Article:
WASHINGTON – A lasting peace settlement remains a challenge in the Philippines despite an initial peace agreement designed to set the stage for the creation of a Bangsamoro autonomous government in Mindanao, the US State Department said.
In a report released on Friday, the US State Department said violent clashes with fighters from terrorist groups and splinter groups have erupted periodically in central Mindanao since the signing in March 2014 of a Comprehensive Agreement on the Bangsamoro between the Aquino administration and the Moro Islamic Liberation Front, “indicating that a lasting peace settlement remains a challenge.”
The State Department in its “Country Reports on Terrorism 2014” said overall Philippine-US counterterrorism cooperation continues to improve.
Terrorist groups, including the Abu Sayyaf Group (ASG), Jemaah Islamiya (JI) and the Communist People’s Party/New People’s Army (CPP/NPA) were unable to conduct major attacks compared to previous years due to continuous pressure from Philippine counterterrorism and law enforcement efforts, it said.
Nevertheless, these groups were able to mount dozens of small arms and improvised explosive device attacks, kidnappings for ransom and extortion efforts, the report said.
It also said the government has made progress in implementing its 2011-2016 Internal Peace and Security Plan that calls for the transition of internal security functions from the army to the police to enable the military to shift its focus to maritime security and territorial defense capabilities.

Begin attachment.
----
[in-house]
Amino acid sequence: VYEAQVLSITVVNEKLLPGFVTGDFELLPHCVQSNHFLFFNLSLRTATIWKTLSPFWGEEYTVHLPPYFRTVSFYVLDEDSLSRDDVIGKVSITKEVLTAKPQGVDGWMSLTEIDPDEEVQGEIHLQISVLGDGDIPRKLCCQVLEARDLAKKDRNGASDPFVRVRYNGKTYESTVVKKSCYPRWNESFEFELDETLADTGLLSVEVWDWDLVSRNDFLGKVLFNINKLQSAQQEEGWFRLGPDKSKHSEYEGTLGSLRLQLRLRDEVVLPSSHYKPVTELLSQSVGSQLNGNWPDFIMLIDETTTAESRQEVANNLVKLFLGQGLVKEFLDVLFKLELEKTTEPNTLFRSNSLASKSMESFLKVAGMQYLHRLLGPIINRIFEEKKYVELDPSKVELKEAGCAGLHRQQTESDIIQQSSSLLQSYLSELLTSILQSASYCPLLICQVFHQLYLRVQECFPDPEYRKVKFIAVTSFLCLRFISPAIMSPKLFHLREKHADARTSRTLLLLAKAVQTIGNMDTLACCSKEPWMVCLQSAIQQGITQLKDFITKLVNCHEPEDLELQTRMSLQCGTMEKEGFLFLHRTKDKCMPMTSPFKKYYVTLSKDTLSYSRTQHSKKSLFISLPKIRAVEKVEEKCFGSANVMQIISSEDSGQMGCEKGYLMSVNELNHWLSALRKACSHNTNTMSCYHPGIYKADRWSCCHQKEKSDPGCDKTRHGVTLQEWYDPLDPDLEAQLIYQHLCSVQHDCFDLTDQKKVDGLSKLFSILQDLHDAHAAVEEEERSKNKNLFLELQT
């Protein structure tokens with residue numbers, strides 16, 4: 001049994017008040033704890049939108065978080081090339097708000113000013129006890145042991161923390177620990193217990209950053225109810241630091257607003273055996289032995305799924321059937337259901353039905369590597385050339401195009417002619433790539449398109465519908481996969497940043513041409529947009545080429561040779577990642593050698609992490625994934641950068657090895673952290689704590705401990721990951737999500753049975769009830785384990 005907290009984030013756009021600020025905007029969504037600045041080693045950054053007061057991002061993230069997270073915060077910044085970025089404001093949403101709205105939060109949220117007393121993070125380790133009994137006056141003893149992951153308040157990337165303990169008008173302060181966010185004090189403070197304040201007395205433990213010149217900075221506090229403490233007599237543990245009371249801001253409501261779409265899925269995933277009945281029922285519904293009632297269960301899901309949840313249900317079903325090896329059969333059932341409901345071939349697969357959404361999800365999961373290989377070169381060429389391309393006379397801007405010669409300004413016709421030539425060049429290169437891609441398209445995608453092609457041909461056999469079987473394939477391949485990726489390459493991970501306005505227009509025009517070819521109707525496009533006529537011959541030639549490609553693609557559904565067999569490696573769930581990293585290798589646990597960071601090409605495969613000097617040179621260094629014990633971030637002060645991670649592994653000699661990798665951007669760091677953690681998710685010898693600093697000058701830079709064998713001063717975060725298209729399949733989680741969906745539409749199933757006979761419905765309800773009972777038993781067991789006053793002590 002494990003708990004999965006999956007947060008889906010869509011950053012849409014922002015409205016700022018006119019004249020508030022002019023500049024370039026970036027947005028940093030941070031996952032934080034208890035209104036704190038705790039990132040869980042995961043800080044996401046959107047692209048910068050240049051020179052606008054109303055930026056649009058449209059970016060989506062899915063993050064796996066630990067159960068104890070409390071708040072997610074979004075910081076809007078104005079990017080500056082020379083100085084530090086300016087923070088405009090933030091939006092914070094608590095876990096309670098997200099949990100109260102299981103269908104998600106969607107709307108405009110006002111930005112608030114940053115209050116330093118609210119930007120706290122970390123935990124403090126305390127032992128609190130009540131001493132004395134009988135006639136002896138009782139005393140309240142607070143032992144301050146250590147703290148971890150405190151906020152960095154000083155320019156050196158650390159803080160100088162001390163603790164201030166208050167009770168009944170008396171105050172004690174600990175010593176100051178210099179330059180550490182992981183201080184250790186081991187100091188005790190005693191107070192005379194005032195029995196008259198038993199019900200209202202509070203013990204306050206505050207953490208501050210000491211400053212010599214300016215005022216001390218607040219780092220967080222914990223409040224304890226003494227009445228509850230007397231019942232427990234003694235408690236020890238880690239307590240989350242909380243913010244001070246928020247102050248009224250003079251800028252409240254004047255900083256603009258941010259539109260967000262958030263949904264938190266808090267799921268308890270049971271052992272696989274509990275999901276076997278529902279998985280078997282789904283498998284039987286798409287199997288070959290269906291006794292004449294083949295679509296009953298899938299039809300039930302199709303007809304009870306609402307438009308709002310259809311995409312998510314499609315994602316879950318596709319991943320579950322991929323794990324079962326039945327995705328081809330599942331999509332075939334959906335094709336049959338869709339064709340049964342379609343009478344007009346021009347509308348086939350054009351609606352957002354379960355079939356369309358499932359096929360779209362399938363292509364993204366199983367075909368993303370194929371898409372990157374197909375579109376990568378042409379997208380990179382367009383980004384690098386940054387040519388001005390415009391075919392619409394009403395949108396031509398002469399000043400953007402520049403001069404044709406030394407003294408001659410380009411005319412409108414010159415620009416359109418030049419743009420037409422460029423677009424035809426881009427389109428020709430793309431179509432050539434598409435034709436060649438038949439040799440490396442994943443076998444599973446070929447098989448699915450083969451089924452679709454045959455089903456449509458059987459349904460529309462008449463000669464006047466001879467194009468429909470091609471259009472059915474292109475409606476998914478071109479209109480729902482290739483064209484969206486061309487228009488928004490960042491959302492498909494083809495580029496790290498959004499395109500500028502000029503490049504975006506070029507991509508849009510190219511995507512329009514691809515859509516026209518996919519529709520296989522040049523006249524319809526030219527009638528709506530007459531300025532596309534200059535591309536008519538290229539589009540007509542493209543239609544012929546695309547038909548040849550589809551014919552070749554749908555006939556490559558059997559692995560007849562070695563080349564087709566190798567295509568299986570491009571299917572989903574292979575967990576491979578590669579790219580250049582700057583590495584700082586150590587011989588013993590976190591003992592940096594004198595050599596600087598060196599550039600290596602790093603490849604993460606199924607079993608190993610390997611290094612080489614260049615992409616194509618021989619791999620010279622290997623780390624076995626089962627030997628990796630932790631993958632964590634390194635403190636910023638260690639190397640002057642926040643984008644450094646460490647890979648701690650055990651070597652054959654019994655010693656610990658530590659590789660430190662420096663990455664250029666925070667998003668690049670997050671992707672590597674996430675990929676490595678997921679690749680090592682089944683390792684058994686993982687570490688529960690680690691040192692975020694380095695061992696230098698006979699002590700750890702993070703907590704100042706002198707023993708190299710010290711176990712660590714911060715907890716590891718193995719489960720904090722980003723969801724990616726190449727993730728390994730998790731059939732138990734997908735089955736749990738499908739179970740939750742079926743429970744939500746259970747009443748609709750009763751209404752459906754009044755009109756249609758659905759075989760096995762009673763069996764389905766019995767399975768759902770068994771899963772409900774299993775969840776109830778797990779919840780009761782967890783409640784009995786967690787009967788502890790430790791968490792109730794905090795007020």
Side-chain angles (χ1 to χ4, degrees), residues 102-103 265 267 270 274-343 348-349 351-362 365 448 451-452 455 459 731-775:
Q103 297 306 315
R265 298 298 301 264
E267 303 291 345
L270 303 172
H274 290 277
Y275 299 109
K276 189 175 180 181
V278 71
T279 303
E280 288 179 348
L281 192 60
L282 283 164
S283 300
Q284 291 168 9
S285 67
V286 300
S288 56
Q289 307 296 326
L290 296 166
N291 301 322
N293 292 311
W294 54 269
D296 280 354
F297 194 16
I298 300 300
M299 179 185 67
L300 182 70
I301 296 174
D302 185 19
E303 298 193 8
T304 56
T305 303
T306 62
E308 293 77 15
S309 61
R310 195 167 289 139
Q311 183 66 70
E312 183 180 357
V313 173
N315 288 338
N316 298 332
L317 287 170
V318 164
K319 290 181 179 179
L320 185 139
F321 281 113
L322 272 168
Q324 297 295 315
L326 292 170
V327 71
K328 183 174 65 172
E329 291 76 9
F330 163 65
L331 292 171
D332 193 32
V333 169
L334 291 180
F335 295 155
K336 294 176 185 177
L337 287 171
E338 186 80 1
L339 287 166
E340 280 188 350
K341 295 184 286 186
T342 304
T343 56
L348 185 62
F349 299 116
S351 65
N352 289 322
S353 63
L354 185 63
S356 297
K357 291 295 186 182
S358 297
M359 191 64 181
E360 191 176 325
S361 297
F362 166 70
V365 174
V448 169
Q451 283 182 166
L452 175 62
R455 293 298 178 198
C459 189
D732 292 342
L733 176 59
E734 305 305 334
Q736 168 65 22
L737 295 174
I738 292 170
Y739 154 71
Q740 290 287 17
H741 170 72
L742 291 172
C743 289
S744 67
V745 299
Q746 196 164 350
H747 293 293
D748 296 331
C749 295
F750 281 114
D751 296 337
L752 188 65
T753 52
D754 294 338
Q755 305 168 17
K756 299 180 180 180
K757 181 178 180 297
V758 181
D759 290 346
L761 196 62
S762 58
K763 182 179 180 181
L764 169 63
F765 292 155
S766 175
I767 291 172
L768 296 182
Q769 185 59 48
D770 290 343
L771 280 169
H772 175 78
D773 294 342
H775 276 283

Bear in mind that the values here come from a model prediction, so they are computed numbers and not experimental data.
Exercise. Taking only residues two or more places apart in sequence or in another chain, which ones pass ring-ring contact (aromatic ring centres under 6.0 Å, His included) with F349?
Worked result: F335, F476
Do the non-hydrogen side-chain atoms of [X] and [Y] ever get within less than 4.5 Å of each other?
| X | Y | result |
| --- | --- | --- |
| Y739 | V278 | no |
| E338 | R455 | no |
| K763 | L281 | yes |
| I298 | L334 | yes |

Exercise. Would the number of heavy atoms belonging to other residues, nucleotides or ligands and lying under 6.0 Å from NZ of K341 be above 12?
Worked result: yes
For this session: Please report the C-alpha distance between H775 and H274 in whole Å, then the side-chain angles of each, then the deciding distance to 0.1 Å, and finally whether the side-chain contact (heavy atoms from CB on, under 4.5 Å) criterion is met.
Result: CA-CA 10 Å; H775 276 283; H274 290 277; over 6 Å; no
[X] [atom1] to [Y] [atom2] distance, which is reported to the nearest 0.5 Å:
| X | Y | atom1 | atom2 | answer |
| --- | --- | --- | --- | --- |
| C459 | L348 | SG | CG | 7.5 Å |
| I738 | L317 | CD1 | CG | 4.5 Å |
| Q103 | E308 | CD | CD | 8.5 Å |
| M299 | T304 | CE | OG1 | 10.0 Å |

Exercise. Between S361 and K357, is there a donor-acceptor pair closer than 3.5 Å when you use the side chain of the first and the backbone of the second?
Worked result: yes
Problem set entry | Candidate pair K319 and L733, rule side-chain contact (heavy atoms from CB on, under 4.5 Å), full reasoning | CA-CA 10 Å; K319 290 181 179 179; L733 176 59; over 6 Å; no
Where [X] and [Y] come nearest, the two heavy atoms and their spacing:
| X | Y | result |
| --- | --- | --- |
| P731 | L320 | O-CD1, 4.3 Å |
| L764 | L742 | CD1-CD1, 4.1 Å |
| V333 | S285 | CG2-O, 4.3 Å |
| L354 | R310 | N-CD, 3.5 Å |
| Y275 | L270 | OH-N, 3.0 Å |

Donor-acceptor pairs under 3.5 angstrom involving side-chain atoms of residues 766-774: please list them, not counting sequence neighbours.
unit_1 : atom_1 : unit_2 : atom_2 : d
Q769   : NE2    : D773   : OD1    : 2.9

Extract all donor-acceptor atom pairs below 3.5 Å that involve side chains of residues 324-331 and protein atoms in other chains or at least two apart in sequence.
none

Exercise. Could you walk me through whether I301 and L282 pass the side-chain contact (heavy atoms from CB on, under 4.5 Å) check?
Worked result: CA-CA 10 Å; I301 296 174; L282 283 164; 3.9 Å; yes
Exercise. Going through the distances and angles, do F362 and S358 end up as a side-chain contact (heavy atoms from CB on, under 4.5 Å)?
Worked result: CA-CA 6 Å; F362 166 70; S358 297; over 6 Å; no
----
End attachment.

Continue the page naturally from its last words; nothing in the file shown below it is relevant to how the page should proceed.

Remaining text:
“To date, however, this transition continued to be slow and ineffective. Continued violent extremist activity, as well as counterterrorism capability gaps between the AFP (Armed Forces of the Philippines) and PNP (Philippine National Police), slowed this transition and forced the AFP to continue playing the lead counterterrorism role in the Philippines,” the report said.
It said in 2014 the US continued to help the Philippines monitor and investigate groups engaged in or supporting terrorist activities.
The Philippines also received counterterrorism assistance from Australia, Britain, Canada and Japan primarily on capacity building on investigation, case management, intelligence and special operations training with the PNP and the AFP.
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